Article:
By Tom Clavin
“The Overlook” appears every Thursday at tomclavin.substack.com. An overlook is usually a place from which one can see in many if not all directions, including where one has been and where one is going. There is no political or personal agenda at work here other than to tell stories that from time to time will have a particular relevance. If you enjoy the column, please "like" it and let me know what you think by commenting (check out previous issues while you're at it). Likes, comments, and shares help with author discoverability on Substack.com, and all support is appreciated.And don't forget to hit the ‘Subscribe’ button – it’s free!
It would seem to be okay if some people do not want to receive the Covid-19 vaccine. That leaves more available for everyone else, and those who want it will be inoculated sooner. Once everything has reopened – restaurants, movie theaters, concert halls, offices, etc. – the unvaccinated can stay home or get sick, it is their choice. Other than the unnecessary extra work for healthcare workers, why should the rest of us care?
But it also seems that is an unscientific outlook. Supposedly, all of society is still at risk if a portion of it is not vaccinated. Maybe one example of the possible consequences of refusing to be protected can be found in an event whose tricentennial is this month.
On April 22, 1721, a British ship arrived in Boston Harbor. On board, one of the sailors had begun to exhibit symptoms of smallpox. He was quickly quarantined, but several more members of the crew soon fell ill with the disease. An outbreak spread quickly through the city. As it worsened, the Puritan minister Cotton Mather reached out to the medical community of Boston, imploring them to use an inoculation method. One physician, Zabdiel Boylston, heeded his call, but most other doctors were hostile to the idea. At the forefront of the anti-inoculation contingency was one of Boston’s only physicians who actually held a medical degree, Dr. William Douglass.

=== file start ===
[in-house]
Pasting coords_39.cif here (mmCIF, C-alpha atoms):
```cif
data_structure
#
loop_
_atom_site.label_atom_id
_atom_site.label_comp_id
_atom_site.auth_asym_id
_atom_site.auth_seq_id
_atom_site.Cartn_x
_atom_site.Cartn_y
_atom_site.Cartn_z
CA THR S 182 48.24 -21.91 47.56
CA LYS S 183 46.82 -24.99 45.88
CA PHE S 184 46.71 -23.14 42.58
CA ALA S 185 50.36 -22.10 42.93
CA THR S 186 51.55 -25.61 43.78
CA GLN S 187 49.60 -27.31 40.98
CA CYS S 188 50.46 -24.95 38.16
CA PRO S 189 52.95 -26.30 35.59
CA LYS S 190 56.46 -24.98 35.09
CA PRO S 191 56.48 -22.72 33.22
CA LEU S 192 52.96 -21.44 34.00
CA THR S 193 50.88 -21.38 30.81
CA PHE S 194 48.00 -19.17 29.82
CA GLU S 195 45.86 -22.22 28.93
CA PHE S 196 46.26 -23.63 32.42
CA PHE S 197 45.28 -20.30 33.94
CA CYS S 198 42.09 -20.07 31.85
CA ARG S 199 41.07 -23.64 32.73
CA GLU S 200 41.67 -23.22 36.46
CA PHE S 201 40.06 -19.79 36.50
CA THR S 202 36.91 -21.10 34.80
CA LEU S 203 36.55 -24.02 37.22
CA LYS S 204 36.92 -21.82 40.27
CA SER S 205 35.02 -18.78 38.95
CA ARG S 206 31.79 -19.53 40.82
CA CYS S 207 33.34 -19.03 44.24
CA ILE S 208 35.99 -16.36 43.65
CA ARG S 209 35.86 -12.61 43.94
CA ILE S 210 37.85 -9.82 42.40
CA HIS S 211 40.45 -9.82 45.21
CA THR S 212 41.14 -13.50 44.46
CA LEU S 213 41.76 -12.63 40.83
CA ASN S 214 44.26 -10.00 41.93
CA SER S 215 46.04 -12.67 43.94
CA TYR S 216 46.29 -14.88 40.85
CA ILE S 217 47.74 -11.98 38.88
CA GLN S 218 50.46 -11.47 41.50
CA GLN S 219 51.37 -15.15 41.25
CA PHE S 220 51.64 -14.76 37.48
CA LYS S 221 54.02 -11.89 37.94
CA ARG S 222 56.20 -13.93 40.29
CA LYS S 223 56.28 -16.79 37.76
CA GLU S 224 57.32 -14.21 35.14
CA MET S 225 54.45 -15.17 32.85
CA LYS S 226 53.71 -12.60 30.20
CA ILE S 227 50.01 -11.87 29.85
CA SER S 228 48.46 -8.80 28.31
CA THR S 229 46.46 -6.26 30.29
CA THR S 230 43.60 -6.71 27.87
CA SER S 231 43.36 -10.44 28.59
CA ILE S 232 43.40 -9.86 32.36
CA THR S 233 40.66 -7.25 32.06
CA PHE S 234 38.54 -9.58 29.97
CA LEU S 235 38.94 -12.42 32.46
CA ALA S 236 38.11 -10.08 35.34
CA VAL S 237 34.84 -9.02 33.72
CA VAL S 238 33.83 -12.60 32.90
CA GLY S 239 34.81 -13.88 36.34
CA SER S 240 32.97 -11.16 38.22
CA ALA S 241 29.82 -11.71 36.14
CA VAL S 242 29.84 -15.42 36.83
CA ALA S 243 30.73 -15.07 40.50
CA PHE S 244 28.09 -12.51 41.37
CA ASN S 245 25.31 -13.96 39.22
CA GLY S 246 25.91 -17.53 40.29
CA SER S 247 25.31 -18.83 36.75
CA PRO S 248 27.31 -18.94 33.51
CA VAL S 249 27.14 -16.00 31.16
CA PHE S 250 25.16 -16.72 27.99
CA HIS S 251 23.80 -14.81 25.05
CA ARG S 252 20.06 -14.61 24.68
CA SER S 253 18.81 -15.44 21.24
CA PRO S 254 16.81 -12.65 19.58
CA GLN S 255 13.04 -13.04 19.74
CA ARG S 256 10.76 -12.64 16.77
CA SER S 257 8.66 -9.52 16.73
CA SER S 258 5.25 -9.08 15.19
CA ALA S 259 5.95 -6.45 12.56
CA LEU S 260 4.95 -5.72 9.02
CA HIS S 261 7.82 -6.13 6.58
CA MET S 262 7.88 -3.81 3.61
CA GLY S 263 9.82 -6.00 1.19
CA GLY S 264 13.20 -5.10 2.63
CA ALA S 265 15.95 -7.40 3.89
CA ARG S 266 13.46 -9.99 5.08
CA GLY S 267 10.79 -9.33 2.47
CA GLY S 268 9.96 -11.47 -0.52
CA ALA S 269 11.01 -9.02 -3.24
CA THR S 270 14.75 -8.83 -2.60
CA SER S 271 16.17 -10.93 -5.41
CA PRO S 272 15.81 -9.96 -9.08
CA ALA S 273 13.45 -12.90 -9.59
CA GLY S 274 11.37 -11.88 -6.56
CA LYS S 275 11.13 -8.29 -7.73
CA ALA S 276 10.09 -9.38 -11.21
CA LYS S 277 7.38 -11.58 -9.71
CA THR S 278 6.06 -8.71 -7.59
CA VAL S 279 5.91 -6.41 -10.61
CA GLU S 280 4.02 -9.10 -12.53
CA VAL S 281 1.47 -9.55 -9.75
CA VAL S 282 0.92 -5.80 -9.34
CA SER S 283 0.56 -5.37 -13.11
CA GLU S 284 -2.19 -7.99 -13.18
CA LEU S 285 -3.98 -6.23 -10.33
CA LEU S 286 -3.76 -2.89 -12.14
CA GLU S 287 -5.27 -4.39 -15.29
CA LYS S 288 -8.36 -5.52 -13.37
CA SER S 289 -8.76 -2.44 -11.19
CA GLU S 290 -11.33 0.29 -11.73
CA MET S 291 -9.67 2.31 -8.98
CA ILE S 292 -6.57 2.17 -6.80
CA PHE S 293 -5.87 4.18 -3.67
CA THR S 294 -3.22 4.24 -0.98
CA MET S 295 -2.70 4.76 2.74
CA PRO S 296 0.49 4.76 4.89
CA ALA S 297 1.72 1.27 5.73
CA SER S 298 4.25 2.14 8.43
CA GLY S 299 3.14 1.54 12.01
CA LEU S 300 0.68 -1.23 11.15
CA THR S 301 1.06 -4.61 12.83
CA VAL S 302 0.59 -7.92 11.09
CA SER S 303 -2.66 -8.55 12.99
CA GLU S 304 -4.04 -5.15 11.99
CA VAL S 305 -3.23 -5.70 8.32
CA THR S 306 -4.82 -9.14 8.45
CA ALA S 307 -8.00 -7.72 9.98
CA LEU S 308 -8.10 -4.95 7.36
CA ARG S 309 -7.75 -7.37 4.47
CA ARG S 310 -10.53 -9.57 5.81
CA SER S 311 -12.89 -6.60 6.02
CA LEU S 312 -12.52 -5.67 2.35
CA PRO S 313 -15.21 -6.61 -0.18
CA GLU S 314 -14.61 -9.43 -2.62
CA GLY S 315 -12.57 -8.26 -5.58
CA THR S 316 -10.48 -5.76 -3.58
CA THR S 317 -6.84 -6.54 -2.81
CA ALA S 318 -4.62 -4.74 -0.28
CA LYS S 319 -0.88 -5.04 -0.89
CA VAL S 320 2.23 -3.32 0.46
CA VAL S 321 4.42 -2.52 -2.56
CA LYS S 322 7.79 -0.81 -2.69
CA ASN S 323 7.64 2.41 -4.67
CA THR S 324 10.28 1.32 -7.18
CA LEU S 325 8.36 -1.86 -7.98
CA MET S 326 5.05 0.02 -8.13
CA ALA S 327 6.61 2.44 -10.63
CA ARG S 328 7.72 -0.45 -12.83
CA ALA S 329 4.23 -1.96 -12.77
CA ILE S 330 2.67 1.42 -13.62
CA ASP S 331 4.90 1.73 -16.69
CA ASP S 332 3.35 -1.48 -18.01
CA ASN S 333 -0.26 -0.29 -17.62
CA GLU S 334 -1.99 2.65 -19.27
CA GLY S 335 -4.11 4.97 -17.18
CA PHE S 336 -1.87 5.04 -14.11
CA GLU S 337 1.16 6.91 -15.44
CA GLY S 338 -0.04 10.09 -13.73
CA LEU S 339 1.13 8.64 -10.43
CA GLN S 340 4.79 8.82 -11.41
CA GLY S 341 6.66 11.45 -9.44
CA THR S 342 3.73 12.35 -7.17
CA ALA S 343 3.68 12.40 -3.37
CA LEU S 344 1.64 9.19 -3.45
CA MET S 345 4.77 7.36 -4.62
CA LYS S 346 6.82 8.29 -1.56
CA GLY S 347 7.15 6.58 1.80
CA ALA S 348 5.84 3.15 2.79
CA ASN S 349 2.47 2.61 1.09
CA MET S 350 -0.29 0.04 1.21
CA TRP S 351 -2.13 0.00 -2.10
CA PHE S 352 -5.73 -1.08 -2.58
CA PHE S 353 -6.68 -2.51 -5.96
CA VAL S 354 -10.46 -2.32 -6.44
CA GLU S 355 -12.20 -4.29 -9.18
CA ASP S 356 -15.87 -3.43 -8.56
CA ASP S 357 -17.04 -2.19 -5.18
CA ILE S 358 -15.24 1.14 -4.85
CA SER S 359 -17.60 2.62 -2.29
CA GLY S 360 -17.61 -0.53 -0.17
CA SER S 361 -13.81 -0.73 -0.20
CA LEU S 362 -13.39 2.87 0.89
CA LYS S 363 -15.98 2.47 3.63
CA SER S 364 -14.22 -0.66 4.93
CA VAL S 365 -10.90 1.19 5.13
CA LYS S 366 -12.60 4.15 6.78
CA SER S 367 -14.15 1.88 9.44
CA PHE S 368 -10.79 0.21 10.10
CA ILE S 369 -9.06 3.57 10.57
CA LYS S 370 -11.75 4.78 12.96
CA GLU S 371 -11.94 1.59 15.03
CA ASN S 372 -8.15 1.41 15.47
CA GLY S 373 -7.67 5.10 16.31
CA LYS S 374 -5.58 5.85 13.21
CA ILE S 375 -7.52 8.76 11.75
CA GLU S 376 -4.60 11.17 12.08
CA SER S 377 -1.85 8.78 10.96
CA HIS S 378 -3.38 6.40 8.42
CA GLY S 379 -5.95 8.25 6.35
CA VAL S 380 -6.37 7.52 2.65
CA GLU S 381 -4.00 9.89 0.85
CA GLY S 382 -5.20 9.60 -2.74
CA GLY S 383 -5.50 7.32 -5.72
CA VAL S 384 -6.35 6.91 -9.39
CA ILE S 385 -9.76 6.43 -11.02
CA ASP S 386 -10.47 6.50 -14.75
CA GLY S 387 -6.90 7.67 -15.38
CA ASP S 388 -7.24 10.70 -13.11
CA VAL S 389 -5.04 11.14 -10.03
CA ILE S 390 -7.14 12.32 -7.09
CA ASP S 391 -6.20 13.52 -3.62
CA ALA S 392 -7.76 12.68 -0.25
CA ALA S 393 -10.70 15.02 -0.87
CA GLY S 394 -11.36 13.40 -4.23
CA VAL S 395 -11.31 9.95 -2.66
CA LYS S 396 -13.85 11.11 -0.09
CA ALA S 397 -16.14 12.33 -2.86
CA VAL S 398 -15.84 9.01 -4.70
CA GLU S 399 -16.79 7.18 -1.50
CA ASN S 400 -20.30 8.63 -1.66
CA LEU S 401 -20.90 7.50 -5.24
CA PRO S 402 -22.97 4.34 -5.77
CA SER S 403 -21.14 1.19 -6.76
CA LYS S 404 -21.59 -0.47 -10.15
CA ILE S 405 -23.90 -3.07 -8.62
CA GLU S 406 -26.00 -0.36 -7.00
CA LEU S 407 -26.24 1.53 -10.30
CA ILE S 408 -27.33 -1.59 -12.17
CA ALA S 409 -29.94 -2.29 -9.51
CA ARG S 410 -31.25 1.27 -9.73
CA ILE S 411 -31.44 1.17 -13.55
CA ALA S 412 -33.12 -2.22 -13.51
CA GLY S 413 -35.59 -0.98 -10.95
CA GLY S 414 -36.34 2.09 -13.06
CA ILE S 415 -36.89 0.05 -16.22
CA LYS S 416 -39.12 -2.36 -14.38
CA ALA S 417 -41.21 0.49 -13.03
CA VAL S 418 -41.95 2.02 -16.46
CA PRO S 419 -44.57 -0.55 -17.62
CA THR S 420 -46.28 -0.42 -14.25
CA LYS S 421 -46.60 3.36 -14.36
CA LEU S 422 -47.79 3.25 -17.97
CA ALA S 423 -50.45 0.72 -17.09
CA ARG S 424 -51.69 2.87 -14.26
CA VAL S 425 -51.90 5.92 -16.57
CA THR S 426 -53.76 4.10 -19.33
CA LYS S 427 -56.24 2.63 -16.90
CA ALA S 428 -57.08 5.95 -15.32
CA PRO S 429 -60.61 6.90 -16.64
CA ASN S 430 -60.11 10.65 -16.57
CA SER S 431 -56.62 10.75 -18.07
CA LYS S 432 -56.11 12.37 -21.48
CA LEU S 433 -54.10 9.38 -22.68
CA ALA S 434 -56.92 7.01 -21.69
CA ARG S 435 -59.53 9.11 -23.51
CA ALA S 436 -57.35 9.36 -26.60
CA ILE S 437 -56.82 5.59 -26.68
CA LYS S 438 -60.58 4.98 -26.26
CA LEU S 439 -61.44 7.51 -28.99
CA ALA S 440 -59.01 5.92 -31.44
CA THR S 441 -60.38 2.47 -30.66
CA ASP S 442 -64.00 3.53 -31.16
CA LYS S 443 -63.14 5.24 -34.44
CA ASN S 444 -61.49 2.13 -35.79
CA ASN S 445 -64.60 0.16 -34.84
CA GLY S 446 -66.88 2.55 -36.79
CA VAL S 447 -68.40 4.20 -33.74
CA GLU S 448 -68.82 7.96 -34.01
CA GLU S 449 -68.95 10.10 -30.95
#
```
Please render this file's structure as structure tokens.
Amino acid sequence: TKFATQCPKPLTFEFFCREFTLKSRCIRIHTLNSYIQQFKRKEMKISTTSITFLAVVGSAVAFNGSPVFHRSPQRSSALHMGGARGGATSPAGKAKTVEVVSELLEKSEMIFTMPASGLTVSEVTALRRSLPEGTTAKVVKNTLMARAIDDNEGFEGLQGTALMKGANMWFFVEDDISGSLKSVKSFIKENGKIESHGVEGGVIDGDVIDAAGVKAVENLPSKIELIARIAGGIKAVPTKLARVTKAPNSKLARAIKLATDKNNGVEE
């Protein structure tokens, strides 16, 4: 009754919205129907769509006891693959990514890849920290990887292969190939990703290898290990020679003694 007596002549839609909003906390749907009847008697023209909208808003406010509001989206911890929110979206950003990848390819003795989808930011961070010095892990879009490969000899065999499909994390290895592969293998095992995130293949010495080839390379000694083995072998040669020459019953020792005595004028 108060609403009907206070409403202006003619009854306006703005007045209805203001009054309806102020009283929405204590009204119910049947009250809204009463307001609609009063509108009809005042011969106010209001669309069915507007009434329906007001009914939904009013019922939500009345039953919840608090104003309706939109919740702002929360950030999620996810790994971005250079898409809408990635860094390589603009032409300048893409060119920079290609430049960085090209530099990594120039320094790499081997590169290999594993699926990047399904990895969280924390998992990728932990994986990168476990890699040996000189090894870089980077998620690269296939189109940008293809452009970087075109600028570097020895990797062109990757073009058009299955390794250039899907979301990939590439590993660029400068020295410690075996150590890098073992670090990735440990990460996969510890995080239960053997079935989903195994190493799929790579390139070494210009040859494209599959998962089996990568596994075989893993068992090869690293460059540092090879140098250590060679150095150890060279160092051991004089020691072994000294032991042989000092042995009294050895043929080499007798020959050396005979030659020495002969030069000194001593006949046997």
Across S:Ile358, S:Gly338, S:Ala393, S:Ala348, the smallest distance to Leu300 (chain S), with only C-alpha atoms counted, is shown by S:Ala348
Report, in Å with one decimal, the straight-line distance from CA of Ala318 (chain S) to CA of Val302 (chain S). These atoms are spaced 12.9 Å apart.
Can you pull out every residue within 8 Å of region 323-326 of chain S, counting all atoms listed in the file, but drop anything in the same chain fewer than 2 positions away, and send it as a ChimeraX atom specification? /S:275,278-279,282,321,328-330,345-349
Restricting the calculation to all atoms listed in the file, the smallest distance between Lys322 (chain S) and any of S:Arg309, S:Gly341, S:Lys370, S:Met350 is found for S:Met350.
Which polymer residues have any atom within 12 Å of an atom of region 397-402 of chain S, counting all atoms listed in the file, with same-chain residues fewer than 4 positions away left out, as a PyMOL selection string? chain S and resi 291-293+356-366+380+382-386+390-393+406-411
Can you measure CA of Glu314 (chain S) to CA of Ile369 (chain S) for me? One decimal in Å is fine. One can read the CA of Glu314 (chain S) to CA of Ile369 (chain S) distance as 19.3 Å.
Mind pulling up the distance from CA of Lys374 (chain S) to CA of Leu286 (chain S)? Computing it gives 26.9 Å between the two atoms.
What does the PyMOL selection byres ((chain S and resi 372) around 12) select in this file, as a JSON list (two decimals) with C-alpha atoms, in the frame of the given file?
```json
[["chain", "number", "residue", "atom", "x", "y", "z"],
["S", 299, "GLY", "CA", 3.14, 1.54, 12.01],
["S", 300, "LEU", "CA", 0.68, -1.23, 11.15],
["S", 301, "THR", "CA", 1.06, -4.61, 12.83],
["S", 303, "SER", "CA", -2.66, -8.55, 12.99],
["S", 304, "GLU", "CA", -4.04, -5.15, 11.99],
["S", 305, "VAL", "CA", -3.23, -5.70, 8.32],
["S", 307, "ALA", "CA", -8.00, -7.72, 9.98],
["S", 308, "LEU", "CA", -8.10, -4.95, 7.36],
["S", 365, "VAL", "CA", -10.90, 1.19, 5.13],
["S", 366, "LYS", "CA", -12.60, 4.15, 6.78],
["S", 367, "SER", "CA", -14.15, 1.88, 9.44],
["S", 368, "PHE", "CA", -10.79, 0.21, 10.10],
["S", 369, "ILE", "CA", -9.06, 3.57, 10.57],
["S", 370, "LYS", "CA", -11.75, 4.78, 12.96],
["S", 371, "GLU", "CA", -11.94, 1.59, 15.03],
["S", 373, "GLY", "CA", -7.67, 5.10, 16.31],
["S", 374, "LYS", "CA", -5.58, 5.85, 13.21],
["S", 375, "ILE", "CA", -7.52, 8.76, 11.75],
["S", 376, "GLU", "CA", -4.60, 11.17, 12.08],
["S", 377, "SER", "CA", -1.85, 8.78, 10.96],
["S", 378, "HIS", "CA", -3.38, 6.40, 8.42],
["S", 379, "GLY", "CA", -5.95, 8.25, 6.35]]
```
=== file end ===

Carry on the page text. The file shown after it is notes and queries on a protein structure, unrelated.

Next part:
This early resistance proved deadly. From the spring of 1721 until winter 1722, a smallpox epidemic afflicted the city. Out of a population of 11,000, over 6000 cases were reported. However, the 1721 epidemic led to a major milestone in the history of vaccination and smallpox eradication. The finally grudging use of inoculation during this epidemic was one of the first major applications of inoculations in western society, paving the way for Edward Jenner to develop smallpox vaccination by the end of the century.
Cotton Mather is largely credited with introducing inoculation to the colonies and doing a great deal to promote the use of this method as standard for smallpox prevention during the 1721 epidemic. However, he did not invent the practice. Mather is believed to have first learned about inoculation from his West African slave Onesimus. Who he was and how a slave saved Boston is worth exploring.
In 1706, an enslaved West African man was purchased for Mather by his congregation. Mather gave him the name Onesimus, after an enslaved man in the Bible whose name meant “useful.” Mather, who had been a powerful figure in the Salem Witch Trials, believed that owners of slaves had a duty to convert them to Christianity and educate them. But like other white men of his era, he also looked down on what he called the “Devilish rites” of Africans and worried that slaves might openly rebel.
Predictably, Mather didn’t trust Onesimus. He wrote about having to watch him carefully due to what he thought was “thievish” behavior, and recorded in his diary that he was “wicked” and “useless.” But in 1716, Onesimus had told him something he did believe: He knew how to prevent smallpox. Onesimus, who “is a pretty intelligent fellow,” Mather wrote, told him he had had smallpox—and then hadn’t. Onesimus said that he “had undergone an operation, which had given him something of the smallpox and would forever preserve him from it...and whoever had the courage to use it was forever free of the fear of contagion.”